The Ebola Diary: Monday, Oct 6 2014, Madrid

Ebola is the furthest thing from my mind as I put the dishes in the dishwasher after our evening meal. The girls are in the living room, the eldest embroidering a treble clef onto a pouch for a flute, the youngest playing “library”, with stacks of books arranged on the couch and crayon-drawn library cards littering her desk. Suddenly, the light-hearted chit-chat on the radio is interrupted by a news flash. The voice of health minister, Ana Mato, fills the kitchen. Something in her tone of voice — a brittle, unsteady, panicked quality — compels me to stop what I am doing and cock an ear. Her words chill me. A nurse’s aid who was on the team that cared for repatriated doctor, Manuel García Viejo (who contracted ebola while undertaking charity work in Sierra Leone and who was, if truth be told, flown home to die) has herself contracted the virus.

I cry out to my partner who is at the other end of the house. Something like: “They’ve messed up. It’s gotten out.”

When the authorities decided to airlift home Dr García Viejo they told us everything would be OK — just as they had with fellow St. John of God member, Br Miguel Pajares a month before. The patient would be kept in total isolation from his medical team and the outside world in general. The highest standards of safety would be observed. There would be no slip-ups, no mistakes, no risk whatsoever to the general populace. He would enjoy the best medical care possible, better than he would if he had been left in situ. And if he couldn’t be cured at least he would die at home in his own country, among his own people.

Barring the poor man’s eventual death, everything had gone smoothly back in August with Br Pajares. His transportation from Liberia to Spain in a specially kitted-out airplane and the cavalcade of police outriders, sedans and ambulances from the airport to a Carlos III Hospital that had been cleared for his arrival were followed live on TV by thousands. Opinion had been divided by the move, with many saying that it was too much of a risk to bring a seventy-five-year-old man with ebola who was going to die anyway smack bang right into the middle of a city of over three million people. But nothing had gone wrong. The man died comfortably, with no harm caused to anyone else.

The bringing home of Dr García Viejo, who died on September 26, is now looking like it going to have devastating consequences for at least one nurse’s aid and her family. The question is: will the fallout of bringing another old man (he was 67 years of age) home to die stop with just one life?

My partner and I watch the nine o’clock news with the feeling of dread exponentially growing. The woman presented symptoms of fever on September 30, but was not hospitalized. She had been on holiday since the death of Dr García Viejo and had gone about her normal daily life until she presented herself a second time with a fever of 38.6 degrees C. She is among a team of sixty medics who attended both ebola patients and it is not known how she contracted the disease. She has the dubious distinction of being the first person to contract ebola outside of Africa. Minister Mato assures us that everything is being done to cure the woman, get to the bottom of how she became infected and prevent further incidents.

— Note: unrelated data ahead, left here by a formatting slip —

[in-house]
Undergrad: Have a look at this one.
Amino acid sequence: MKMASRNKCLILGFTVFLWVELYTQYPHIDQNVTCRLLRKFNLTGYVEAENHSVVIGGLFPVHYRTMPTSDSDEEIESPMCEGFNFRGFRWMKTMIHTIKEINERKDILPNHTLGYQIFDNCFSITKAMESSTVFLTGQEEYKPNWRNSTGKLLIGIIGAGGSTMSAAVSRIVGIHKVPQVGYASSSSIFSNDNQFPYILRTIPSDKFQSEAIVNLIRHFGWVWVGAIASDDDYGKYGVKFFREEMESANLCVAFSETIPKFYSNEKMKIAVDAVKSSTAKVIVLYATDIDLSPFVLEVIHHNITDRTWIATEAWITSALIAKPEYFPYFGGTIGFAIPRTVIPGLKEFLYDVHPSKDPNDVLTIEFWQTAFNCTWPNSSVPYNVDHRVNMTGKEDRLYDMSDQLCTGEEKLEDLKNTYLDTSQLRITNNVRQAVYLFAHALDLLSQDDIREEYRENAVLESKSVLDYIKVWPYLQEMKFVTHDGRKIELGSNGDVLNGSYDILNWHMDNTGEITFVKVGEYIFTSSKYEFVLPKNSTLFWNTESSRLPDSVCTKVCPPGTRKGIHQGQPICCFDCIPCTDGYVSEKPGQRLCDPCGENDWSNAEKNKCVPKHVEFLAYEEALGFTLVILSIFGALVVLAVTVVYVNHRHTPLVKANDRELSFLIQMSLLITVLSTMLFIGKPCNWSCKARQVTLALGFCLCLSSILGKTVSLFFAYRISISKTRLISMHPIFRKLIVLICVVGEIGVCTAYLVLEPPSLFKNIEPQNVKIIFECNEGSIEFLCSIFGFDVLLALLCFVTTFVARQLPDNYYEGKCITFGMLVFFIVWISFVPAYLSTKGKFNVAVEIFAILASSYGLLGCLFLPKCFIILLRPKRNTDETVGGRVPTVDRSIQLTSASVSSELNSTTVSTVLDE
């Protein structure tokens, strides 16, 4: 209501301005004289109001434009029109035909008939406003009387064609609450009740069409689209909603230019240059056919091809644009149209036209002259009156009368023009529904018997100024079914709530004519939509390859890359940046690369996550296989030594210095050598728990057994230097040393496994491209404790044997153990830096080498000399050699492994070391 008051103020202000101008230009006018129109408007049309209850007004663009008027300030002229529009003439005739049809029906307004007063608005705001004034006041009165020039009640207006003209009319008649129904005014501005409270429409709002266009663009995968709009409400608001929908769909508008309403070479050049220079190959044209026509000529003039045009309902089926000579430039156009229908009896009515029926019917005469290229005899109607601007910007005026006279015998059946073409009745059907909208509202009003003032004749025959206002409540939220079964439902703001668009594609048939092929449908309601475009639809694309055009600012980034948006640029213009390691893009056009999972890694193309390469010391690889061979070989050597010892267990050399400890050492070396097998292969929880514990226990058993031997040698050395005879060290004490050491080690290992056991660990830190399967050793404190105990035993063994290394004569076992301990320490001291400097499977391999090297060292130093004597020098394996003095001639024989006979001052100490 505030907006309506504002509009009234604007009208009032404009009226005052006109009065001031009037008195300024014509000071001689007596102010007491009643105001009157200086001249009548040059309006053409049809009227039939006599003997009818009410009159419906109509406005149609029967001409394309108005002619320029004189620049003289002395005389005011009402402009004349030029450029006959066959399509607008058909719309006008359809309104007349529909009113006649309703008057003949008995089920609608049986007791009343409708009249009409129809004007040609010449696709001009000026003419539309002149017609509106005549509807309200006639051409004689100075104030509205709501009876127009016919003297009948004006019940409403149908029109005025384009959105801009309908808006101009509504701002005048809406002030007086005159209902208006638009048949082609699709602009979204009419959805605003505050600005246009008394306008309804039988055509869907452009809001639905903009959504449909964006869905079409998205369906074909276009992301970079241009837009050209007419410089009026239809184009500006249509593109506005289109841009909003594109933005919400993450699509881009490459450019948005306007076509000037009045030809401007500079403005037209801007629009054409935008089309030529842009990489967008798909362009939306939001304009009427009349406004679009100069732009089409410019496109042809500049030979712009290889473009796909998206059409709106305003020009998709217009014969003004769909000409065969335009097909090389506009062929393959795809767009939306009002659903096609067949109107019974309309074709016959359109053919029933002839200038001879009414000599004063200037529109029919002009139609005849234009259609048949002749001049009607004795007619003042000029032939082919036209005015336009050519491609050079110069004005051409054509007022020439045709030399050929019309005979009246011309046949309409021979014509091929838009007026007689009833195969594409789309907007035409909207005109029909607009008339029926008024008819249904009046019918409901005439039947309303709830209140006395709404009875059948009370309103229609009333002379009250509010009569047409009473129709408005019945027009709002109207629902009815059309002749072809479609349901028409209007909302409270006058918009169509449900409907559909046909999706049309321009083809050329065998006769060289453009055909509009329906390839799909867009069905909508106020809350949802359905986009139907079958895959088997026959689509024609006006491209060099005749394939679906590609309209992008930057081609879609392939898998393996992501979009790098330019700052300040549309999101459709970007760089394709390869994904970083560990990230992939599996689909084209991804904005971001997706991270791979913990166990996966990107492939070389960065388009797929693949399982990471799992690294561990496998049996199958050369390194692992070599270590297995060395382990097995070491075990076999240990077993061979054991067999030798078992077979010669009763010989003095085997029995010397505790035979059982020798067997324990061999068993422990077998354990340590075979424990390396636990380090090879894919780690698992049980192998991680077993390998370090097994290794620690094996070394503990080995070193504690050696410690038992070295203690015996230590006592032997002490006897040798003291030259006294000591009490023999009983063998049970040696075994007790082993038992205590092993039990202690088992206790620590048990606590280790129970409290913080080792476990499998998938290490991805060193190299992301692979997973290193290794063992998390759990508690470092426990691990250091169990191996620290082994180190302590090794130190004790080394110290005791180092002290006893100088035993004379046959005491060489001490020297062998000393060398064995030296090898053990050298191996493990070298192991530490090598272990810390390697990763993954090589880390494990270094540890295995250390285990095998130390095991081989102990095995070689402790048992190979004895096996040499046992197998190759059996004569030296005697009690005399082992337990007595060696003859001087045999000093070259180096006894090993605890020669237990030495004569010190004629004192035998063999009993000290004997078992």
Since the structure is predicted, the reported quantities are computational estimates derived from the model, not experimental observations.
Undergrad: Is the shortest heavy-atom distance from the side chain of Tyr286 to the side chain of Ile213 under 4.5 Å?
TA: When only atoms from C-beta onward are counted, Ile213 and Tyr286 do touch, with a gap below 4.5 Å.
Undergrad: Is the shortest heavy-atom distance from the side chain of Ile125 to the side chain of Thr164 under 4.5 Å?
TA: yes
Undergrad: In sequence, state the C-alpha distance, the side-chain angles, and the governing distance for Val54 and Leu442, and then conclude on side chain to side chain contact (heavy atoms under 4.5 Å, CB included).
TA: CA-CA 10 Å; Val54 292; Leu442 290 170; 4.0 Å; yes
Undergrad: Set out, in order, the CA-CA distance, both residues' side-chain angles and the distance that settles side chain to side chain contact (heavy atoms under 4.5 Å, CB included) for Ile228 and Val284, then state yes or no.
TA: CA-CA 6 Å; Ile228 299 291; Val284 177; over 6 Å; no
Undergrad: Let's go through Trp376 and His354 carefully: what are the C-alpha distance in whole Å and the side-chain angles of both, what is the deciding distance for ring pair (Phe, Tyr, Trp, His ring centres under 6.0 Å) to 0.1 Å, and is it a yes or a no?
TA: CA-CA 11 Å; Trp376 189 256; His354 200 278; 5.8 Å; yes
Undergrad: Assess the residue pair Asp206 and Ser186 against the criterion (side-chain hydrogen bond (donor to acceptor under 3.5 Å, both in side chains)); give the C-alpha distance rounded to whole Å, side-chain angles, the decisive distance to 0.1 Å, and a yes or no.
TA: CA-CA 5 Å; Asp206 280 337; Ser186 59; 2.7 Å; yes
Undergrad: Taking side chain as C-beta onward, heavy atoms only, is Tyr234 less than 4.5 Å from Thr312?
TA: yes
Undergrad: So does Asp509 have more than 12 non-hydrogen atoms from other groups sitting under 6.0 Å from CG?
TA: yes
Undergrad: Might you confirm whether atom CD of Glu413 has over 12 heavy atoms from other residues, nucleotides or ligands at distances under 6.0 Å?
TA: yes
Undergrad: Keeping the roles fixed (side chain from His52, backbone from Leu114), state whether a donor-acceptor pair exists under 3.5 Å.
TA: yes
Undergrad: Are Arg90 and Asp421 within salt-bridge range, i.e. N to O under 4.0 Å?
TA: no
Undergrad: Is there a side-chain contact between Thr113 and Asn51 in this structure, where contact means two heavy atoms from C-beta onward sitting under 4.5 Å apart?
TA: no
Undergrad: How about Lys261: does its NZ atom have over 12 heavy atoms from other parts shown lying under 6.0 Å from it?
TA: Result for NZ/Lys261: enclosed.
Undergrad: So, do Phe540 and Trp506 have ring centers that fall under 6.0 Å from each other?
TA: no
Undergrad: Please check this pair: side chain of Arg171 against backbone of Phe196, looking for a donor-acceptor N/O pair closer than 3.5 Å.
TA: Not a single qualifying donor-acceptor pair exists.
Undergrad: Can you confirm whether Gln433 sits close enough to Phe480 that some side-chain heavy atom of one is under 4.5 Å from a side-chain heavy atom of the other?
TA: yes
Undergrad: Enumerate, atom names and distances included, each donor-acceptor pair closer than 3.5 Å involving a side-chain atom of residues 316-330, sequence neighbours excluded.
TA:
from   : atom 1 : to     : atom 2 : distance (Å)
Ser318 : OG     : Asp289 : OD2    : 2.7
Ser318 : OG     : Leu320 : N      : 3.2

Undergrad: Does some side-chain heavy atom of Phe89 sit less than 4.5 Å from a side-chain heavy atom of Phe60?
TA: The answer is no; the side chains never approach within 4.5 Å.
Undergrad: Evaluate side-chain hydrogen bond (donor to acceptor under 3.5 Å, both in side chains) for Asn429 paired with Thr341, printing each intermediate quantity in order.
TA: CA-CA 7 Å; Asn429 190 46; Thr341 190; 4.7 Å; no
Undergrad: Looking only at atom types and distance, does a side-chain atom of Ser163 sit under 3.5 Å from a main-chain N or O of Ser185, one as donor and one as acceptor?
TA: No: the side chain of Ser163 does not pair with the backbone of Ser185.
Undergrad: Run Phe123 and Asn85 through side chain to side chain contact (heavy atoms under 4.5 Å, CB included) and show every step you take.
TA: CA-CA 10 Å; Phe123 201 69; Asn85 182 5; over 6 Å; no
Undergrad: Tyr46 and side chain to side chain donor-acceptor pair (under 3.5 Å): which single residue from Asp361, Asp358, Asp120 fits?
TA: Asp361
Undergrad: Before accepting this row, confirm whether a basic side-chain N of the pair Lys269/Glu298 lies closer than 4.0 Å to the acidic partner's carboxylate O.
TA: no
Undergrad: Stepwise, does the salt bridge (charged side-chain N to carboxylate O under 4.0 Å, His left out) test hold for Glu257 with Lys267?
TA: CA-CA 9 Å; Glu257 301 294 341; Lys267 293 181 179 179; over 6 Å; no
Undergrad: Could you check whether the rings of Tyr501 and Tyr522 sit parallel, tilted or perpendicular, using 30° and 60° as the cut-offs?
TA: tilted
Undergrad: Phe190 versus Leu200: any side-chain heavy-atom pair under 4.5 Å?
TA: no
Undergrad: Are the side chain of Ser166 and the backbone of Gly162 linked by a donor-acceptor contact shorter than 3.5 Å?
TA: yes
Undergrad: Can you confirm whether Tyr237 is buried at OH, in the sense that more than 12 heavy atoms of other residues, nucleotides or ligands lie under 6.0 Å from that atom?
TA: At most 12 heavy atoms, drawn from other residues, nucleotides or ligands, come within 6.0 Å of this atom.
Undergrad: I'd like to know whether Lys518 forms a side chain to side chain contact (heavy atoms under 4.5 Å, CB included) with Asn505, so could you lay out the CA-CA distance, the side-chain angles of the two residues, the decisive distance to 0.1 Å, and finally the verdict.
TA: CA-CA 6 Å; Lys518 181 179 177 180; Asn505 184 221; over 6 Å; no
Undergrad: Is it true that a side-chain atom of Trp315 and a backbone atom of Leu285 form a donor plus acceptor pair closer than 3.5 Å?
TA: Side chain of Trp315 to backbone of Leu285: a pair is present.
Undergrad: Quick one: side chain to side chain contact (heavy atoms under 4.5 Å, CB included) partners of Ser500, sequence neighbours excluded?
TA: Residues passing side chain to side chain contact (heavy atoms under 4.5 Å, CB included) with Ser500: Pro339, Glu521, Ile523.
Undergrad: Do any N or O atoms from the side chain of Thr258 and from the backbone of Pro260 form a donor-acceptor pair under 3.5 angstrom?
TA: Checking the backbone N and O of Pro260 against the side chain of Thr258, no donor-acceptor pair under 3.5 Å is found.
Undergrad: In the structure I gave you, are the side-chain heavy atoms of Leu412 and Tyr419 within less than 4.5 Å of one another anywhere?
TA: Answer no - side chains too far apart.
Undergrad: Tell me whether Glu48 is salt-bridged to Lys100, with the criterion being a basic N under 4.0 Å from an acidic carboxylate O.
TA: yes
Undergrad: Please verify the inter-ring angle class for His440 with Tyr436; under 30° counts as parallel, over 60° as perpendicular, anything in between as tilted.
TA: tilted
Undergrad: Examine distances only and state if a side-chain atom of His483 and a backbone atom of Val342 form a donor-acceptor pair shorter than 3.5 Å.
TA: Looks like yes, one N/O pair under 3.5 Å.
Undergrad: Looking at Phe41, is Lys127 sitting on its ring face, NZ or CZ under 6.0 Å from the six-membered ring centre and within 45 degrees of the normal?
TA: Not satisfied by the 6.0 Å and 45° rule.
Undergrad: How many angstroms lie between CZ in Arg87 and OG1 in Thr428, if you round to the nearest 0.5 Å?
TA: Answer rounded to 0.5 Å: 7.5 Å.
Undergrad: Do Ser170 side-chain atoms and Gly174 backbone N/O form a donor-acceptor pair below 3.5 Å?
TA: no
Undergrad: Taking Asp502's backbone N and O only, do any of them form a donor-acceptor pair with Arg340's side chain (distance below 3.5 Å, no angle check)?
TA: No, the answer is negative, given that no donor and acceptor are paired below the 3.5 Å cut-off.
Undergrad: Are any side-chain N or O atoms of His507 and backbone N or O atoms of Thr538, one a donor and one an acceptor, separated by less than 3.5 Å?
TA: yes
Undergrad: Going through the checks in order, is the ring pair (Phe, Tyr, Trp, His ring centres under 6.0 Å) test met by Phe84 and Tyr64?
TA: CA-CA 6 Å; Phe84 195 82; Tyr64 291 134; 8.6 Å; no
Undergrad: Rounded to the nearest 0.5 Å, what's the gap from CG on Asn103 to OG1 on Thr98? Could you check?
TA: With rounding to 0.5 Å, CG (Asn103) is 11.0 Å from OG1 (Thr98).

I do not feel reassured.

I wonder if there will be more incidents and if there are, when is a series of incidents enough to add up to an outbreak. And worse: when does and outbreak become an epidemic? I think of the nurse’s aid’s sixty co-workers. Of her husband. Her friends. The cafes in which she might have had a coffee . . . and then I stop thinking. You could drive yourself mad.

The thing is, though, not only do I live in Madrid and might have passed the woman on the street or in a bread shop and not only do my family and I live in the same neighbourhood as the Carlos III Hospital, but my partner and I also work on the Carlos III campus, about 300 yards from the hospital itself. And while you don’t want to reduce a potential public health disaster down to “me, me, me”, these things tend to niggle away at you.


About ucronin

Born in the country town of Ennis, Co. Clare, Ireland in 1975, I now live in Madrid with my partner and two young daughters and work in a research institute. While I was always a hungry reader and harboured vague notions of being a writer, as a young man writing was the furthest thing from my mind; after leaving school, I did a B.Sc. in Biotechnology in Galway's NUI, an M.Sc. in Plant Science in University College Cork and a Ph.D. in Microbiology in the University of Limerick, the plan being to dedicate my professional career to scientific research. While having written extensively within my technical scientific field, I had never contemplated becoming a writer of fiction until a road-to-Damascus moment on the N69 between Listowel and Tarbert, Co. Kerry in the summer of 2011. Since then, most of my spare time has been occupied with writing. In whatever other free moments I have, I like to listen to music, play the guitar and garden (which here in Madrid means a lot of watering of plants and spraying for red spider mite). My ambition is to become as good a writer as I possibly can, eventually freeing myself from the cold clutches of science and earning a living through my scribblings. The type of writing that excites me is honest, intelligent, well-constructed and richly descriptive.
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2 Responses to The Ebola Diary: Monday, Oct 6 2014, Madrid

  1. I know something about the Thing my friend.. I am a Biologist technician. I al really scared.
    The likelihood of spreading the virus .. Why in Spain is not posible? And in Africa is it?
    What is doing the OMS? I feel much better if they assess the government of Spain. Repit: I am scared ..

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